In episode 53 of the Paws & Reward Podcast, I speak with Emily Strong about a necessary and possibly under-utilized skill for all behavior consultants to exercise and teach their clients – critical thinking. Critical thinking is defined as the objective analysis and evaluation of an issue in order to form a judgment. Critical thinking is to be done objectively—meaning without influence from personal feelings, opinions, or biases—and focuses solely on factual information. This can be challenging, especially since we, as humans, are emotional and have inherent biases we might not be aware of. How can we be sure we are thinking critically and what are some common pitfalls? Critical thinking skills are essential if we want to make informed decisions. It impacts all aspects of our lives. Watch our conversation on my YouTube Channel.
What are the three pillars of critical thinking?
- Being able to identify logical fallacies
- When we are assessing a situation, logical fallacies are when we make errors in our reasoning which influences our conclusions.
- Here is a comprehensive list of the most common logical fallacies to be familiar with.
- Being able to recognize cognitive biases (errors in perception) and how we interpret what we see in the world.
- We can’t escape who we are and our past learning experiences. Being aware of our learning history is healthy and essential for growth.
- Cognitive biases cause us to make errors in judgment and are essential to recognize if we want to learn how to think critically.
- Epistemology: Assessing the quality of the information we are receiving.
- How do we know what we know?
- This can help us discern the differences between facts and opinions.
Metacognition is an important base for those three pillars. Without the ability to evaluate our own ways of thinking, we can’t truly think critically or battle our internal biases. Metacognition is awareness and understanding of our own thought processes. It’s being able to step outside of ourselves to understand our own ways of thinking. Having the ability to self-reflect helps us use critical thinking skills as a method of self-improvement.
What are some practical uses of critical thinking skills?
- Identify our biases: We all have biases. Being able to step back and ask “why do I believe that” will help deepen our understanding of the information we are receiving.
- Identify the problem: This helps us know when we should be asking more questions and thinking critically about something in our lives.
- Listen deeply and be open to alternative viewpoints: In order to grow as individuals, we must learn to listen to other experiences and ask questions.
- Improve our ability to research issues: There’s typically more than one way to approach an issue. Researching helps us determine the best route to take and helps us understand the different approaches.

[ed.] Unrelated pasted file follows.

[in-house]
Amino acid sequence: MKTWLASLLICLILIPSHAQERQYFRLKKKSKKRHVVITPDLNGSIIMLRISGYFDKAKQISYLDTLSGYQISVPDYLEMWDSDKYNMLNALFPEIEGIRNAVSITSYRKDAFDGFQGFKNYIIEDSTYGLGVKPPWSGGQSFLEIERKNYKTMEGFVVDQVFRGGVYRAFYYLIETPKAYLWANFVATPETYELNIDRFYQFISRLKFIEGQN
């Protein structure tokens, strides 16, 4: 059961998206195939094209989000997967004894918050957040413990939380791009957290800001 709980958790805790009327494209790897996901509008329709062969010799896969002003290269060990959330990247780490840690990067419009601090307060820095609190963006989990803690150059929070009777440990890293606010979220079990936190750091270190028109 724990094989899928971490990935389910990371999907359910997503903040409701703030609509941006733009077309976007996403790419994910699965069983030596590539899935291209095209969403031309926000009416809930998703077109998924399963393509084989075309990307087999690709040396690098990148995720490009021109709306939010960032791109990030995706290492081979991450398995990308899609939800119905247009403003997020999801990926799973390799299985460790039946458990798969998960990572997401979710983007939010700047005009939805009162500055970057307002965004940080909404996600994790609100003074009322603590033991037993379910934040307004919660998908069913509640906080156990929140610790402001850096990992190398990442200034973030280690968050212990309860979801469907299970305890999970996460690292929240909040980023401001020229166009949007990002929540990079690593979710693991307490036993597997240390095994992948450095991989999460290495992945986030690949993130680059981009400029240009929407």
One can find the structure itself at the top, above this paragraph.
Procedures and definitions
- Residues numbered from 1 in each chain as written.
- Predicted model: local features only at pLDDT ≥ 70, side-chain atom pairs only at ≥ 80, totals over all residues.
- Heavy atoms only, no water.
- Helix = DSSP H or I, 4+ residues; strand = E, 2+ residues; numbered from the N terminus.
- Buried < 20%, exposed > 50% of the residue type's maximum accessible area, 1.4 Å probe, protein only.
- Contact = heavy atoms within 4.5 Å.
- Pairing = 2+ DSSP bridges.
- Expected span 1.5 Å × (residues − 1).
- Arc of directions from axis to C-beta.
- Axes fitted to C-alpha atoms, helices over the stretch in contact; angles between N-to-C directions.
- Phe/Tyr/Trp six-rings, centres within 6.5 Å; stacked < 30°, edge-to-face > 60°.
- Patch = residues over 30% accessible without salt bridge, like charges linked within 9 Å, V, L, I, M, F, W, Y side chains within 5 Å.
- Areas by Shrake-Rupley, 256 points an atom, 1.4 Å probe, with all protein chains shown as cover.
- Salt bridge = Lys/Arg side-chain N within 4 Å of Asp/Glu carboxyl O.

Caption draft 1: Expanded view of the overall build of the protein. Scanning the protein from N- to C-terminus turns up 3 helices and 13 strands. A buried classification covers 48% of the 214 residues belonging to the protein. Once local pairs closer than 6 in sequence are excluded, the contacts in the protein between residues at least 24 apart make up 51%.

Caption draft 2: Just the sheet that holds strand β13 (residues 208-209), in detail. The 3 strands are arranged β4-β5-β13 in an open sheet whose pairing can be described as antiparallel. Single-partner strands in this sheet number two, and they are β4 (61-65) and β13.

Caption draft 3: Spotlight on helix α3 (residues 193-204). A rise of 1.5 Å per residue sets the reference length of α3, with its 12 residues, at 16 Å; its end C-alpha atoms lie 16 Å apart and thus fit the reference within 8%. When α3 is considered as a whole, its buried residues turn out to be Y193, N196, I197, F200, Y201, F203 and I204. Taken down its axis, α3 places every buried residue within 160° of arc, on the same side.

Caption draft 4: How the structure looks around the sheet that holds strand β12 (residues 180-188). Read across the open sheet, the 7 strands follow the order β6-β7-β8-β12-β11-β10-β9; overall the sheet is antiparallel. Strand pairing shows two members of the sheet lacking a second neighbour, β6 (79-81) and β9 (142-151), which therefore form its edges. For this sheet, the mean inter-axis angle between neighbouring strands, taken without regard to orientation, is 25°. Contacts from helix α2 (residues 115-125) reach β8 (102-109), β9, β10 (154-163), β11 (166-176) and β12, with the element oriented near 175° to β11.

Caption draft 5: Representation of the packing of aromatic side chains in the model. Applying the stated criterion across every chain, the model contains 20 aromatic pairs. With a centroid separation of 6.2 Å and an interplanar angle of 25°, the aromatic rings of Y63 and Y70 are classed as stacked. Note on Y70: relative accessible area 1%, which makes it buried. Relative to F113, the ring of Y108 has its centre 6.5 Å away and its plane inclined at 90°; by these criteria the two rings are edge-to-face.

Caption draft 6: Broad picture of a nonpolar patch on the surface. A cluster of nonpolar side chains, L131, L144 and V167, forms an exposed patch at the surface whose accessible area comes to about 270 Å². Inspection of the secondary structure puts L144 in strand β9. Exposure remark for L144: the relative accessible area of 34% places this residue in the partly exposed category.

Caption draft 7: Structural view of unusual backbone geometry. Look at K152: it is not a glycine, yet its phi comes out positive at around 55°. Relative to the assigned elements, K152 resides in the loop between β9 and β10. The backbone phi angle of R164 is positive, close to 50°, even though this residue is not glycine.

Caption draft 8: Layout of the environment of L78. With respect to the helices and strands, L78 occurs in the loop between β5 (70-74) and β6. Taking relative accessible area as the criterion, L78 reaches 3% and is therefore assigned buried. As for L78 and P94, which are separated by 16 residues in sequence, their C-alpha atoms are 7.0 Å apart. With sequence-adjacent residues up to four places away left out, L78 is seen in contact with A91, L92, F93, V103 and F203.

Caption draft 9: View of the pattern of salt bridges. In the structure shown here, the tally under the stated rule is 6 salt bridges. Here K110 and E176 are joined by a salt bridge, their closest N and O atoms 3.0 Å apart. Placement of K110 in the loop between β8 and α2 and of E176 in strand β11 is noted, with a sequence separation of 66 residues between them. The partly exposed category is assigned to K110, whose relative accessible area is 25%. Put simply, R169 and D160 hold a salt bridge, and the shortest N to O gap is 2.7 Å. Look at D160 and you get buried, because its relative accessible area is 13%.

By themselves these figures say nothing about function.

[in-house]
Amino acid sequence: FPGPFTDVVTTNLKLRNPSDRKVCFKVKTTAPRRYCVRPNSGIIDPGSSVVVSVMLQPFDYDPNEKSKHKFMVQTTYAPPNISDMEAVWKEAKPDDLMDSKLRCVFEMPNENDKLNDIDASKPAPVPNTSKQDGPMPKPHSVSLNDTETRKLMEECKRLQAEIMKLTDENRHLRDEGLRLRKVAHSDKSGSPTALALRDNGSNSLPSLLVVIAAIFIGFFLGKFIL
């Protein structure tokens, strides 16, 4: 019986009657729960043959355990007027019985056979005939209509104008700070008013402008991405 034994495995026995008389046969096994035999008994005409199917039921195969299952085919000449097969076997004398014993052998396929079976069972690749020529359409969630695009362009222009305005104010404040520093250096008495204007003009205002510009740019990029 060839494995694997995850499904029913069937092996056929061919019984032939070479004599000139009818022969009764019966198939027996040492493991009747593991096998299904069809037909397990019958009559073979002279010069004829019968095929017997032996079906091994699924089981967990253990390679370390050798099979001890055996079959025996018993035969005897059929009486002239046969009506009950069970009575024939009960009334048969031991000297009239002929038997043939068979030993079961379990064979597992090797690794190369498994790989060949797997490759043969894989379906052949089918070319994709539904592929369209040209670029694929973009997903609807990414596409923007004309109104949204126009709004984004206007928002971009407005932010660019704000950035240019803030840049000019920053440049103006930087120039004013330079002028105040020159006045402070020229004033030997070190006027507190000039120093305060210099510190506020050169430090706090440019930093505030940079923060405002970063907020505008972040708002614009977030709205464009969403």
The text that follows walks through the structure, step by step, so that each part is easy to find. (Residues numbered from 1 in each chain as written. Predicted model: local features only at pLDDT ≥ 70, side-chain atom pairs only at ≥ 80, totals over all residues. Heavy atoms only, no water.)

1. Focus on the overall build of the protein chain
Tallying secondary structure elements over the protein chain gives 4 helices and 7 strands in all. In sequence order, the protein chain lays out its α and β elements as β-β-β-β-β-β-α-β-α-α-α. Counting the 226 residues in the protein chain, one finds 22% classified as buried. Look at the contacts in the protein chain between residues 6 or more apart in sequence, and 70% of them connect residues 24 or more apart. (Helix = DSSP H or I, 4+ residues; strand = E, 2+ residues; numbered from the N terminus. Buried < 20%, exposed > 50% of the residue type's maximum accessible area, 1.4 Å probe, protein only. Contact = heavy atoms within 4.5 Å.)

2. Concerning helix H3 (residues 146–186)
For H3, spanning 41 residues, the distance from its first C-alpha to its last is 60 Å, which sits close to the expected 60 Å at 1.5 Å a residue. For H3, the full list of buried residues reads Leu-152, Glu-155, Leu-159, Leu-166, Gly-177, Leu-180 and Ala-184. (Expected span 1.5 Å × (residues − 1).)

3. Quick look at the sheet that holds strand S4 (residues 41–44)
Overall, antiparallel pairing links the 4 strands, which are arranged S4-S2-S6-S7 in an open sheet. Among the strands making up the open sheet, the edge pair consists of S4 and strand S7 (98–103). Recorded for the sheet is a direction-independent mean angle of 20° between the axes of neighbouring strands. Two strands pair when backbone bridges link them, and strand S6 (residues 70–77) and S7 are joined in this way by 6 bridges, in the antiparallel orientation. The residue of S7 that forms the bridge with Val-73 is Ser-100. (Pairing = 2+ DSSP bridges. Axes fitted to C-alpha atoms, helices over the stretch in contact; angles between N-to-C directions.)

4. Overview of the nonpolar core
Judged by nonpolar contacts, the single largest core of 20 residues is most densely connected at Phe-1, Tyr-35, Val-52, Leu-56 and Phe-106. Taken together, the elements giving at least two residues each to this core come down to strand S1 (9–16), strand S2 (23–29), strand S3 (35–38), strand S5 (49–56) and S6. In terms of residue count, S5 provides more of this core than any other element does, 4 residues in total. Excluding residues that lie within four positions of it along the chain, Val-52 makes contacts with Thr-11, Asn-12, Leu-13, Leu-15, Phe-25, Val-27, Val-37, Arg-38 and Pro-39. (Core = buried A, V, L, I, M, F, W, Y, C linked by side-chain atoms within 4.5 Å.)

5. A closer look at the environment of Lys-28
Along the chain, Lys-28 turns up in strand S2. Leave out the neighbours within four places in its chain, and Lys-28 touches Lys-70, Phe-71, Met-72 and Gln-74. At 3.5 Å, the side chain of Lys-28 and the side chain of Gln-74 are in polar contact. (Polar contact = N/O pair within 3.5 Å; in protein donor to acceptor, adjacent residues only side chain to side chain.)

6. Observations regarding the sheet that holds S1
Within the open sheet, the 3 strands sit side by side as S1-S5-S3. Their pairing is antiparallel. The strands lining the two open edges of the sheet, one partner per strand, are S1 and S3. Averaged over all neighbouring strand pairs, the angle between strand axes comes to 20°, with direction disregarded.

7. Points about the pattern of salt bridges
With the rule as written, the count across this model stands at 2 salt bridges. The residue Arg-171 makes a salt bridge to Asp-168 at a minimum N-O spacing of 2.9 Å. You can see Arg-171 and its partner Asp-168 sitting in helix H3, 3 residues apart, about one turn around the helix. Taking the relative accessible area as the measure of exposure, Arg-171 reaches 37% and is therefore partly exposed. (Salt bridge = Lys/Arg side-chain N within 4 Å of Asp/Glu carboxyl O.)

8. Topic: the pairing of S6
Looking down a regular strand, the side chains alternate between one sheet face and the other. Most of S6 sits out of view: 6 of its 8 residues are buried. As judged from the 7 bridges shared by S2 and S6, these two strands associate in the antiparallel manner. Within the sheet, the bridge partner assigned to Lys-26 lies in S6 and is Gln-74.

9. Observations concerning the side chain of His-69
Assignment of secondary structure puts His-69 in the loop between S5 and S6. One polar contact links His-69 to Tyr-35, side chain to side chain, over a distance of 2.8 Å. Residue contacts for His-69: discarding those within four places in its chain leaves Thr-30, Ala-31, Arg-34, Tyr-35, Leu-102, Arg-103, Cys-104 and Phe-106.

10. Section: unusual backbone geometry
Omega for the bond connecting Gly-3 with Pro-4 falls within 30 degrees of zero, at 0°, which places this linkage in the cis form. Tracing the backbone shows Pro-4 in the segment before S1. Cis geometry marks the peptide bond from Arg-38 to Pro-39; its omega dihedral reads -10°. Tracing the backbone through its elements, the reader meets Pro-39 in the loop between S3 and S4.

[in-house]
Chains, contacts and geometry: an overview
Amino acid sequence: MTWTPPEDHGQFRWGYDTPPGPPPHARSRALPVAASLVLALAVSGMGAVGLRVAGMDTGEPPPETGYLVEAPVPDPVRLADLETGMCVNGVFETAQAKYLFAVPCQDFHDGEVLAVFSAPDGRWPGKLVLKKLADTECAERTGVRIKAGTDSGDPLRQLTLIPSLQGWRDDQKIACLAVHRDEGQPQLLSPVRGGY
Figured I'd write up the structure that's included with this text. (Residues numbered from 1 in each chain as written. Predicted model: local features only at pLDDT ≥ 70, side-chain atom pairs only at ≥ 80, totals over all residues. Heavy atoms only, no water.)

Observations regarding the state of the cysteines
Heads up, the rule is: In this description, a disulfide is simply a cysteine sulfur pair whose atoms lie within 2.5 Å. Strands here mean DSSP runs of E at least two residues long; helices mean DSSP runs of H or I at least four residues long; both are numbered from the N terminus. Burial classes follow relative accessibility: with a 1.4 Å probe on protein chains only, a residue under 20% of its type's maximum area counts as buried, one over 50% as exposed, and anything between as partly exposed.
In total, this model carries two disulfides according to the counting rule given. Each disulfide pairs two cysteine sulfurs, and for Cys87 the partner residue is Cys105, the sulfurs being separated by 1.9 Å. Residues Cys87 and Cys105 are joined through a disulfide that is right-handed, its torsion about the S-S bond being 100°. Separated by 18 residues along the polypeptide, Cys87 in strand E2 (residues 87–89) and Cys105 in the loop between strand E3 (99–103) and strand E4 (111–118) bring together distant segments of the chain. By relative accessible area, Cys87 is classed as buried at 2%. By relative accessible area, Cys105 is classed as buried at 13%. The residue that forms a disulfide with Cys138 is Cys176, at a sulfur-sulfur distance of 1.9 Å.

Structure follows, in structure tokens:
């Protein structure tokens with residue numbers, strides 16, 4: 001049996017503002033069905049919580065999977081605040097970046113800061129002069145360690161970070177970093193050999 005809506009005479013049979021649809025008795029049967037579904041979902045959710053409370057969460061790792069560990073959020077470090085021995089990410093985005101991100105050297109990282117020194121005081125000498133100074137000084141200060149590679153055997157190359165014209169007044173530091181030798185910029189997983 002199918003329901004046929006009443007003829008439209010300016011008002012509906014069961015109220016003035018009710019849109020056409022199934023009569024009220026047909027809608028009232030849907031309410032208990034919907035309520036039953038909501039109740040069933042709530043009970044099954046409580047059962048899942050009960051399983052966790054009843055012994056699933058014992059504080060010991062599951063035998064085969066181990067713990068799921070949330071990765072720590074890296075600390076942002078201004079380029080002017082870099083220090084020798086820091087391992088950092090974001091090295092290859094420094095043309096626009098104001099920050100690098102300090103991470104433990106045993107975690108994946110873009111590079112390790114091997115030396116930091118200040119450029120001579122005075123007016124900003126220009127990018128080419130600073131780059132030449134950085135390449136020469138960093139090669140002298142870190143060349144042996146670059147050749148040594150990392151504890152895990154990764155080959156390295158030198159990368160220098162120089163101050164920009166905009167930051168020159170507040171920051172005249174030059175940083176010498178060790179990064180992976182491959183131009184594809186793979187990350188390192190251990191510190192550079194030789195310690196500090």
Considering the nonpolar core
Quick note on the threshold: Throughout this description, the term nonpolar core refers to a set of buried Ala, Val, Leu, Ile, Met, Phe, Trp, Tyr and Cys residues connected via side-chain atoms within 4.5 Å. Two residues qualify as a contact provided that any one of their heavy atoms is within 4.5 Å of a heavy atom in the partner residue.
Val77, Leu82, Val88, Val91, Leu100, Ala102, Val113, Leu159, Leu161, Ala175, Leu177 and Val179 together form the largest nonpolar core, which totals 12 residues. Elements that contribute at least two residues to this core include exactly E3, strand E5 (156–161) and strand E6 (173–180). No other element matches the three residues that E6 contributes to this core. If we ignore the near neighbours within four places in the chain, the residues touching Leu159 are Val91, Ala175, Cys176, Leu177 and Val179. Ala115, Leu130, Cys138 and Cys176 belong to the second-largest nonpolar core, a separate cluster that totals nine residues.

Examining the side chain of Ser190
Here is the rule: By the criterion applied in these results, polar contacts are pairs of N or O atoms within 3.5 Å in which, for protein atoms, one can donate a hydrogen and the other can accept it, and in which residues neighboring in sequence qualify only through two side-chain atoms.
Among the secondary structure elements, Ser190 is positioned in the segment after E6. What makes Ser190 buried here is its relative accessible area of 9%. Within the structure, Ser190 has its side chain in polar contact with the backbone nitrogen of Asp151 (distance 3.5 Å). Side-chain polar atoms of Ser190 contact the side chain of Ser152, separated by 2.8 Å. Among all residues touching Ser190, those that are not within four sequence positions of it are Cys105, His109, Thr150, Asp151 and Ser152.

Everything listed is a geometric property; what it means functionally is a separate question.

- Determine relevance: With so much information available at our fingertips, it’s important to be able to see what’s relevant and what isn’t. Certain small details might bog down our ability to think critically about a subject. Being able to filter the information is a skill that takes time and practice to learn.
- Assessing the quality of information we receive: Anyone can claim anything to be true, but knowing how to assess if the information is correct or flawed can greatly influence our decisions.
- Get curious: Asking questions can help us find the right answers. Instead of accepting what someone claims to be true, ask more questions and develop intellectual curiosity.
How do we know when we’re not critically thinking?
We may not be critically thinking about a topic when we feel really dogmatic about something or think about that topic in binary terms. It means we are usually missing nuance. The ability to stop and question our assumptions and conclusions is how to make sure we are thinking critically. Being able to accept that there are more than two sides to each argument and to dig deeper. Jumping to conclusions without asking deeper questions places us into a narrow mindset riddled with logical fallacies.
Social pressure can contribute to our inability to think critically or when a perceived expert tells us something and we instantly believe it without question. When we have strong emotional spikes at being told what we think is wrong, try to take a step back and ask why that made you feel angry, upset or bothered. Maybe what we previously thought to be true, isn’t. If we are able to say “I don’t know” then it will open us up to finding new ways of thinking.
Where to Find Emily Strong: